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Tuesday, 9th June 2015
In General Japan News,

Japanese firm invents Hugvie to make phone conversations more personal

A collaborative project between some robot engineers, a futon vendor and a textile firm in Japan has resulted in a new product to help make speaking on the phone feel more personal.

The Hugvie is a cushion in the shape of a small person, which has a slot incorporated into it that allows the user to insert their mobile phone, reports AFP.

Complete with a texture not dissimilar to skin, the Hugvie holds the phone while you are speaking to a friend and in theory, it is almost as if they are a presence in the room.

While the Hugvie does not have any facial features, it does have a small head, torso and short limbs, which can be lifted and cuddled as you converse with a loved one over the phone.

Experts in the industry describe this advance into a niche in the market that many people probably did not realise existed as cushion-style communication media.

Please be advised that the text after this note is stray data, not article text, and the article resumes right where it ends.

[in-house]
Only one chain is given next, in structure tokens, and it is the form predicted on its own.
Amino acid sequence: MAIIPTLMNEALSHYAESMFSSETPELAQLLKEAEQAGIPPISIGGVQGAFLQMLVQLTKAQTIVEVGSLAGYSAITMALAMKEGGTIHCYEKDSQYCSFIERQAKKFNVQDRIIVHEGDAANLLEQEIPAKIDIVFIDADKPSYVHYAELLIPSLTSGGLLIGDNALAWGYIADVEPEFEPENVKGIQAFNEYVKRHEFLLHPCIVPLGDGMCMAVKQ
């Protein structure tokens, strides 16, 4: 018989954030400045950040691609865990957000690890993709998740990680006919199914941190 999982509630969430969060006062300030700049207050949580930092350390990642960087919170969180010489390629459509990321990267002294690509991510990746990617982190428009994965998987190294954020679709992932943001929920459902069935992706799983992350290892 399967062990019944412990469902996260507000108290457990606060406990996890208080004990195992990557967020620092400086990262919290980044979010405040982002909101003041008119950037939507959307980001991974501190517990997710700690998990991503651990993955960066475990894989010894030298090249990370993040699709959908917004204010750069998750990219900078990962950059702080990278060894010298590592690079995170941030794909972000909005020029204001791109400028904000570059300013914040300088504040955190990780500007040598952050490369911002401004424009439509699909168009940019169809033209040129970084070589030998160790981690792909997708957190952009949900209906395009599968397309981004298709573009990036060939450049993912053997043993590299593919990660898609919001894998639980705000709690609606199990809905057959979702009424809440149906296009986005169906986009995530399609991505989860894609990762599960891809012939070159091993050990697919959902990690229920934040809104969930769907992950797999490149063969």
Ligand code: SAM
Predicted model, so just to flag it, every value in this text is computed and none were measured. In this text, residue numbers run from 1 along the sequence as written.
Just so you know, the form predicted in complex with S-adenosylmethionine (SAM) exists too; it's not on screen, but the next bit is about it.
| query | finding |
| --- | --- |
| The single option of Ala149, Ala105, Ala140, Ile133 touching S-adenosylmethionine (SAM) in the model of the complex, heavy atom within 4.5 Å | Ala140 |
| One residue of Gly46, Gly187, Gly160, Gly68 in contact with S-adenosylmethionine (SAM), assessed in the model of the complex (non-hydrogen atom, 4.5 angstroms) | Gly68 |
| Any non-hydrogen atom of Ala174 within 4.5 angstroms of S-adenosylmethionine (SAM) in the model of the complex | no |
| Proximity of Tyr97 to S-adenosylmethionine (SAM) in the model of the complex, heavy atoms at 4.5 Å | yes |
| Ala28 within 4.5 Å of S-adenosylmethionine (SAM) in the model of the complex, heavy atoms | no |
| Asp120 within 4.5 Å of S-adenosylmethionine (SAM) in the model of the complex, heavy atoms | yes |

According to engineers at the Advanced Telecommunications Research Institute International (ATR), people feel closer to a participant in a conversation if two or more senses are engaged.

In the case of the Hugvie, the idea is to stimulate both hearing and touch to create a more rounded experience.

A statement from ATR and its collaborators Kyoto Nishikawa and industrial materials maker Toyobo, said: "Hugvie is a simple device that uses voice and tactile senses. It creates a strong sense that the user is hugging the other person, a feeling that cannot be attained via mobile phones."

How popular the idea will be is yet to be seen, as the Hugvie is yet to go on sale, with an initial entry into the market planned for September.

It will retail for 10,000 yen (£52.70) and measure 80 centimetres by 55 centimetres in size. The name for the invention is a coined term originating from the word hug in English and vie, meaning life in French.